Saturday, September 30, 2000

Celebrating All Children’s Intelligences

(Originally published in The KC SAC Connection, Issue 2 – Autumn 2000)
David Whitaker, Toolbox Training

I am about a month away from completing a Masters in Education degree. The program focuses on integrating the arts into learning so as to meet the interests of all children, something that the SAC world has done for years. I have been consistently reminded throughout the program that we don’t all learn the same way.

In 1983, Dr. Howard Gardner, professor of education at Harvard University, introduced the concept of multiple intelligences (MI). He stated that traditional education focuses on linguistic intelligence and logical/mathematical intelligence, leaving other kinds of learners behind. Some people learn best through art (spatial intelligence), others through music (musical). Some people respond to nature (naturalist); others are highly kinesthetic (body/kinesthetic). There are people who excel at self-awareness (intrapersonal) and others that shine in interpersonal skills (interpersonal).

The point of his theory was that all learners must be recognized for their abilities and given opportunities to shine in that area. While elementary school classrooms across the country have been revolutionized by the concept, the idea is not new. The child care world has been doing it for years.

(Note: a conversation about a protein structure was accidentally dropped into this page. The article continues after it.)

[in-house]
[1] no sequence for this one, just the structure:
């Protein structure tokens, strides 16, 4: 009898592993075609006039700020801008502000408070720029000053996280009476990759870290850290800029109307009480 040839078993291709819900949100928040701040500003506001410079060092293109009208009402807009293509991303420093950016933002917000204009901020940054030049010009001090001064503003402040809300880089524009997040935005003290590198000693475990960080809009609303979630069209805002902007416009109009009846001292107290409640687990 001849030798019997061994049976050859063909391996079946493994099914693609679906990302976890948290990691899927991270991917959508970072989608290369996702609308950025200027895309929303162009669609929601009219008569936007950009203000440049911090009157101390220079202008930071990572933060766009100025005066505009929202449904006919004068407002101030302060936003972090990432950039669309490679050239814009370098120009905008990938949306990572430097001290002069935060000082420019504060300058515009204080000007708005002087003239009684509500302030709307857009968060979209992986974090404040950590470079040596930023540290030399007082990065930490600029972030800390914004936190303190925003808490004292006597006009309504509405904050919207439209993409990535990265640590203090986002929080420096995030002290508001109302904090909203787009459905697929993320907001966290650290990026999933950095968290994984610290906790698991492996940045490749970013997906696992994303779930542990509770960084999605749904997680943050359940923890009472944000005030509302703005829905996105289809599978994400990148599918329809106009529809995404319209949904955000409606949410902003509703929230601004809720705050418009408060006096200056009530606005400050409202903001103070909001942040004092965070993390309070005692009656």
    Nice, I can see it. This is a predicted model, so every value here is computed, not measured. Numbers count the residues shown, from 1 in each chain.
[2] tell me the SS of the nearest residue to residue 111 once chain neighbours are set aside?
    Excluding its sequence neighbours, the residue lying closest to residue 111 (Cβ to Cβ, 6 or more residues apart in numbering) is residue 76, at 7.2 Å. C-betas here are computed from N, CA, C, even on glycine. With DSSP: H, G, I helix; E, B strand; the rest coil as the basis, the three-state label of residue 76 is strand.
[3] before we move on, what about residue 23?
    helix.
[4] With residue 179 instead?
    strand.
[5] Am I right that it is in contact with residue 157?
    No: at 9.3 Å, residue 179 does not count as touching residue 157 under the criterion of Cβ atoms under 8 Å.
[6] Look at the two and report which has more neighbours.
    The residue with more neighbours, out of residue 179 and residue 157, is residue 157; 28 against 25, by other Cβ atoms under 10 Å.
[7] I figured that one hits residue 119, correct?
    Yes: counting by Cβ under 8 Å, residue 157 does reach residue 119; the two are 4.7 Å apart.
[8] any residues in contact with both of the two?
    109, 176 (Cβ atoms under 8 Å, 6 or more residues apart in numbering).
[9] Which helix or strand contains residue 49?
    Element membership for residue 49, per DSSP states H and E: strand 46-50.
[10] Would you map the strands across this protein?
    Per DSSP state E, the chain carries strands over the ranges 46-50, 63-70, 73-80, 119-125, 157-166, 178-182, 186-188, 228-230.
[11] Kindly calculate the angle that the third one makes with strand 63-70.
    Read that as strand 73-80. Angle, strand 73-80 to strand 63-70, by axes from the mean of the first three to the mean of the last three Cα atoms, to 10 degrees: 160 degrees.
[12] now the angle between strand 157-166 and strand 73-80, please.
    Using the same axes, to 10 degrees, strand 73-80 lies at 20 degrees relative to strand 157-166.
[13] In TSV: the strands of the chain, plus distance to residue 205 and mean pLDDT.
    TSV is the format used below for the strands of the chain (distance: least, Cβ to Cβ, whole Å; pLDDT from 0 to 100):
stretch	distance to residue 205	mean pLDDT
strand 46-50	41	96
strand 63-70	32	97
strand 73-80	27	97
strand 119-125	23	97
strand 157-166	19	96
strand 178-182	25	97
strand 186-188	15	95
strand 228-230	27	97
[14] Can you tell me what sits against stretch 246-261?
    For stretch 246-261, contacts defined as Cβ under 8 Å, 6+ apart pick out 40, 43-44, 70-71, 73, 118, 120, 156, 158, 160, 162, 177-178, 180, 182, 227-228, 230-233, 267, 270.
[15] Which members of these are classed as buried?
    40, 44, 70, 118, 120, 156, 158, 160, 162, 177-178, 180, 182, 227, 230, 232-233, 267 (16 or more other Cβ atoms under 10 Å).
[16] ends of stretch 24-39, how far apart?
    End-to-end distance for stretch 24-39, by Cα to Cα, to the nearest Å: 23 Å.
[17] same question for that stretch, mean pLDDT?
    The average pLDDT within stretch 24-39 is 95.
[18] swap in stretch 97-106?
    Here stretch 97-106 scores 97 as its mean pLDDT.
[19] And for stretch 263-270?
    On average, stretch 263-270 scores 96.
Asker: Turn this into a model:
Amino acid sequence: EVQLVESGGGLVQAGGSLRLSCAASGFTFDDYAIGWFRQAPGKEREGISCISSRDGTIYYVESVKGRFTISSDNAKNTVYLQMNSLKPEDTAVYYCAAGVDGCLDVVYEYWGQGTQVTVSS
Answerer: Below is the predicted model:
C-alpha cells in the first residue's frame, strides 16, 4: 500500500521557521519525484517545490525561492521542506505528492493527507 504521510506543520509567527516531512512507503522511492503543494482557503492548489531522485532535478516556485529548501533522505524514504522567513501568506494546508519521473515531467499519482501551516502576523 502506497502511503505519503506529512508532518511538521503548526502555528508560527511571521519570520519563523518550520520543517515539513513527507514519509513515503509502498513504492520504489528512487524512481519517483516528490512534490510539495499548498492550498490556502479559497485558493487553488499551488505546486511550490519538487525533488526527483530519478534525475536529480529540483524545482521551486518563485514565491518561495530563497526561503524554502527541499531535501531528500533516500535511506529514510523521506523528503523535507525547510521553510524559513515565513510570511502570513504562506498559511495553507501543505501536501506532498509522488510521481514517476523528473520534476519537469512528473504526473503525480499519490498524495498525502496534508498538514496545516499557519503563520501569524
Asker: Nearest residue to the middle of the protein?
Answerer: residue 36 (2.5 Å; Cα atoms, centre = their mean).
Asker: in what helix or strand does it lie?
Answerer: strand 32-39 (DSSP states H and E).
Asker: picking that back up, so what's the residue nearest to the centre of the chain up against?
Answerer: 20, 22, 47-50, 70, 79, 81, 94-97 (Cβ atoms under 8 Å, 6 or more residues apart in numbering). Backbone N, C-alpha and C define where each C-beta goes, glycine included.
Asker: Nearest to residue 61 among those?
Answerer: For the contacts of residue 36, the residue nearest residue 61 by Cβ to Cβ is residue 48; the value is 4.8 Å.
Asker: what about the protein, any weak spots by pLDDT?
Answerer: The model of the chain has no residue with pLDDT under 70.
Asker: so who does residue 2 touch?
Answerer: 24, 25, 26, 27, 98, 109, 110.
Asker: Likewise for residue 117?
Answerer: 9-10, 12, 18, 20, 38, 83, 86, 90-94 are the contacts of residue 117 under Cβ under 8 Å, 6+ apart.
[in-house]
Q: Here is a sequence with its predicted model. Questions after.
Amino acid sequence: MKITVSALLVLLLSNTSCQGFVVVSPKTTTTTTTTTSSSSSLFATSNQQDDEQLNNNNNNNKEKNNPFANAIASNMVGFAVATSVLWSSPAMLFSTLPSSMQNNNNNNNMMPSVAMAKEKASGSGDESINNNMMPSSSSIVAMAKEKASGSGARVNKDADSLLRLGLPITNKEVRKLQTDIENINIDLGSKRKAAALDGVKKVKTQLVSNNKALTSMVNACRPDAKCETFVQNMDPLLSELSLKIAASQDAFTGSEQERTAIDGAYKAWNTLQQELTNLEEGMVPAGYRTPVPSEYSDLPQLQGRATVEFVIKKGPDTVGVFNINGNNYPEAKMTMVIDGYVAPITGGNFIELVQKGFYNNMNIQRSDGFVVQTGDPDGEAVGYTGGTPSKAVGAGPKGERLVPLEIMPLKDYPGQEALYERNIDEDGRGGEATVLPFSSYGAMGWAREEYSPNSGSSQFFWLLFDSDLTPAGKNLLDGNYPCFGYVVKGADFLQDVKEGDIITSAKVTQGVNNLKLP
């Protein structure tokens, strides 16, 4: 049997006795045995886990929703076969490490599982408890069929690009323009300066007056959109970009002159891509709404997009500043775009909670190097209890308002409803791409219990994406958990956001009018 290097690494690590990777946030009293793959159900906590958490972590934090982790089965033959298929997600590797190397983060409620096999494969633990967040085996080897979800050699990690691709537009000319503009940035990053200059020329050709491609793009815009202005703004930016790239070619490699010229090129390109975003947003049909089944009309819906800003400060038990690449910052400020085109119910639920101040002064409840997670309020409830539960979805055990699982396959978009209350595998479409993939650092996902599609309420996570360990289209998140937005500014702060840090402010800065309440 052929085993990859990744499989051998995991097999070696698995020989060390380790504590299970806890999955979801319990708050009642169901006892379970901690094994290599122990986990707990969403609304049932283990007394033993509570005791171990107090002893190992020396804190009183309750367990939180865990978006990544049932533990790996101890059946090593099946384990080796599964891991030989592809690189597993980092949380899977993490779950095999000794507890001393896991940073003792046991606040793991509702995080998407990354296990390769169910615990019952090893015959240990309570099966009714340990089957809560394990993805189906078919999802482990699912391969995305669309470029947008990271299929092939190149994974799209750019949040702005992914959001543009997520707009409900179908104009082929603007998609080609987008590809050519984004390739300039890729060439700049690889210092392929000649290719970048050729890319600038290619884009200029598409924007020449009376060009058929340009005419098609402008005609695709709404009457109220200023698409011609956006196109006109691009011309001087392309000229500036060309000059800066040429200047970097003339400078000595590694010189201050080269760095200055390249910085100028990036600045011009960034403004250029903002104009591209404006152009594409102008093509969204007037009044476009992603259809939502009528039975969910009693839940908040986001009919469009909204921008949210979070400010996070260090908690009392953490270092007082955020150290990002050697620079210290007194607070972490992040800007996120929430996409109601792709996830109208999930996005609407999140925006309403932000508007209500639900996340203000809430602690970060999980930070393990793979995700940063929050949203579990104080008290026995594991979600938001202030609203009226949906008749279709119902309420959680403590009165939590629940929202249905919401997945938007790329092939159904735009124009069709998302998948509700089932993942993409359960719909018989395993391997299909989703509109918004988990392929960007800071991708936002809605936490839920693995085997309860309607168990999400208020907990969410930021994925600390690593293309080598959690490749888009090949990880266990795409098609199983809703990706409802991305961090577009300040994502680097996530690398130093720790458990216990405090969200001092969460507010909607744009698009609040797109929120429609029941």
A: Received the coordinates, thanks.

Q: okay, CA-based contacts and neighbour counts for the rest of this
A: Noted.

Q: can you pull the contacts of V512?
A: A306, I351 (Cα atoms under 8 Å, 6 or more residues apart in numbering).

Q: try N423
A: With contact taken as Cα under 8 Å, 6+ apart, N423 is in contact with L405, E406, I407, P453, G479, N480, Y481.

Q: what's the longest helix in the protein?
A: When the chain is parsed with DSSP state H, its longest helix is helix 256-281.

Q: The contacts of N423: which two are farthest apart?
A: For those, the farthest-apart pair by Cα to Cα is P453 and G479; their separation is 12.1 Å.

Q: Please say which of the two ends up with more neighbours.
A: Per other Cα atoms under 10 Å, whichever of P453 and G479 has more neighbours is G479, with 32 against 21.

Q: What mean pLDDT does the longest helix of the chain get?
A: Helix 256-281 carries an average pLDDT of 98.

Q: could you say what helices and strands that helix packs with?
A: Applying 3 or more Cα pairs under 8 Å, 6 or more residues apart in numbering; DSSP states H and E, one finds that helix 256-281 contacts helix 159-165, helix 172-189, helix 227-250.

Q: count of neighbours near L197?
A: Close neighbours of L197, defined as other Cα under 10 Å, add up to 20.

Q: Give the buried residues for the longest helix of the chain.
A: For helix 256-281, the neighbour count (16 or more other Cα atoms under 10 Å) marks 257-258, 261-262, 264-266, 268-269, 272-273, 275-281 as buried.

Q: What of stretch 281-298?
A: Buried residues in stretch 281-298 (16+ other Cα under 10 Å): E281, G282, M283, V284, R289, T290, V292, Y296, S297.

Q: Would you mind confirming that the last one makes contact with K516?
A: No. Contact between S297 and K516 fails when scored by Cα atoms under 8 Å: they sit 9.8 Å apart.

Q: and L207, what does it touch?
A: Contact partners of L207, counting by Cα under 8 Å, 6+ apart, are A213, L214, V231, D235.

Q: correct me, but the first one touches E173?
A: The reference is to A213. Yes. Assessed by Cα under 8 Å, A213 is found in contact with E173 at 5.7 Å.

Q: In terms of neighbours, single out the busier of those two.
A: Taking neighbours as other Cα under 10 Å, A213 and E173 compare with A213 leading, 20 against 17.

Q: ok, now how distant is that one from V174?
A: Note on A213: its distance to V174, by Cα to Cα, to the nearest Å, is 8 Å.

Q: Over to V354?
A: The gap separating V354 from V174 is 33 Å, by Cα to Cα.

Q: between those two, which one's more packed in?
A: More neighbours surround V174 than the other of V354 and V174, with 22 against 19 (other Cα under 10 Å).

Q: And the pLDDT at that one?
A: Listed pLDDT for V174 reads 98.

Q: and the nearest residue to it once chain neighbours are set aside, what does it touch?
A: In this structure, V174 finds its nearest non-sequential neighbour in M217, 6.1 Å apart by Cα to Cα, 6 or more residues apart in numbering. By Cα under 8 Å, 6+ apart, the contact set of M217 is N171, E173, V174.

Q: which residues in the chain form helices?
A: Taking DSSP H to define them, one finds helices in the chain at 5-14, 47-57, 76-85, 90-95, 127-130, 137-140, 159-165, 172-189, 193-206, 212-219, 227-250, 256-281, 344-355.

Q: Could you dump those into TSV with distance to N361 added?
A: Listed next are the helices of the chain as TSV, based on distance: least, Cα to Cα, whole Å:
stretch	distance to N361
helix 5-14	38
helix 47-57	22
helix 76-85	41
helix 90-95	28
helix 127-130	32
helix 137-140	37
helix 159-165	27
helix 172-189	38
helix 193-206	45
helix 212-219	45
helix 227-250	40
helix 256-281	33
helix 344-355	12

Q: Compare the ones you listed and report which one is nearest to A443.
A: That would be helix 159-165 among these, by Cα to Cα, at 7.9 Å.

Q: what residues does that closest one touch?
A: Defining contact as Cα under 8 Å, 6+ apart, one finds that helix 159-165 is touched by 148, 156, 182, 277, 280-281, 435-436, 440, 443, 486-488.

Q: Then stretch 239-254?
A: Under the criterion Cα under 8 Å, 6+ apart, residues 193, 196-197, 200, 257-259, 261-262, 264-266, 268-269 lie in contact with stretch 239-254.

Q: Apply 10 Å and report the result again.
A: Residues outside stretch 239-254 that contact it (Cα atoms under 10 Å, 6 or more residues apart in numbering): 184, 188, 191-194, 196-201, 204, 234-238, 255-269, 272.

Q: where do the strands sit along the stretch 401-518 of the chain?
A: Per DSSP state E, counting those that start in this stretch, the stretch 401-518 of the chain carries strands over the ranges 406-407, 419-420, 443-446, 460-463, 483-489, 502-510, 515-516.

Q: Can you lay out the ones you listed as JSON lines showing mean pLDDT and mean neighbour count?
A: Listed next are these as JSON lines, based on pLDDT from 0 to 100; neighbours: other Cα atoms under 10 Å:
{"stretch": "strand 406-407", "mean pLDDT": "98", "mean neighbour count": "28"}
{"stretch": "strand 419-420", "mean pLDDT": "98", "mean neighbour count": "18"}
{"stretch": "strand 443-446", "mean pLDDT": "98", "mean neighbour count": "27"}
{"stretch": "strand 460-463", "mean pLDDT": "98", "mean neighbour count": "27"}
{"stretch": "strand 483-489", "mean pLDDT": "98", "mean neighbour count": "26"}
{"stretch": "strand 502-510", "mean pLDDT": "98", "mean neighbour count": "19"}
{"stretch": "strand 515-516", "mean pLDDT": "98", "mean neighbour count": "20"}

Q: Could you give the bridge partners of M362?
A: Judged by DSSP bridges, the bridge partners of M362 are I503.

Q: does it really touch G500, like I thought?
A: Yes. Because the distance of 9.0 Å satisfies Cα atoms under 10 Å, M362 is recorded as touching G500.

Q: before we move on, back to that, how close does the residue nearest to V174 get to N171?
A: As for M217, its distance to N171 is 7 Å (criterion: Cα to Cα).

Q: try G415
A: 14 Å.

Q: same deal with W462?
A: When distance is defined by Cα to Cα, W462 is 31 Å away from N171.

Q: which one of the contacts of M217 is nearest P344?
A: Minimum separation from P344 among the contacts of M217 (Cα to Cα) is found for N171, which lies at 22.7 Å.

Walk into a SAC program with interest areas set up for the children and you see a variety of simultaneous activities. A child might be drawing in the art area while others play checkers in the game area. Someone else might be building an elaborate tower in the block area. A quiet area might be occupied by a child engaged in a book. Children might be prancing about in dress-up clothes in a dramatic play area. Others might be listening to songs on headphones in a music area.

By providing a variety of materials to children in a variety of interest areas, SAC programs give all children opportunities to demonstrate their unique abilities. Heck, while these children are “playing” they might accidentally even learn something.

Want to learn more about multiple intelligences? Check out Toolbox Training’s Meet All Children’s Intelligences workshop or the book Multiple Intelligences & After-School Environments: Keeping All Children in Mind.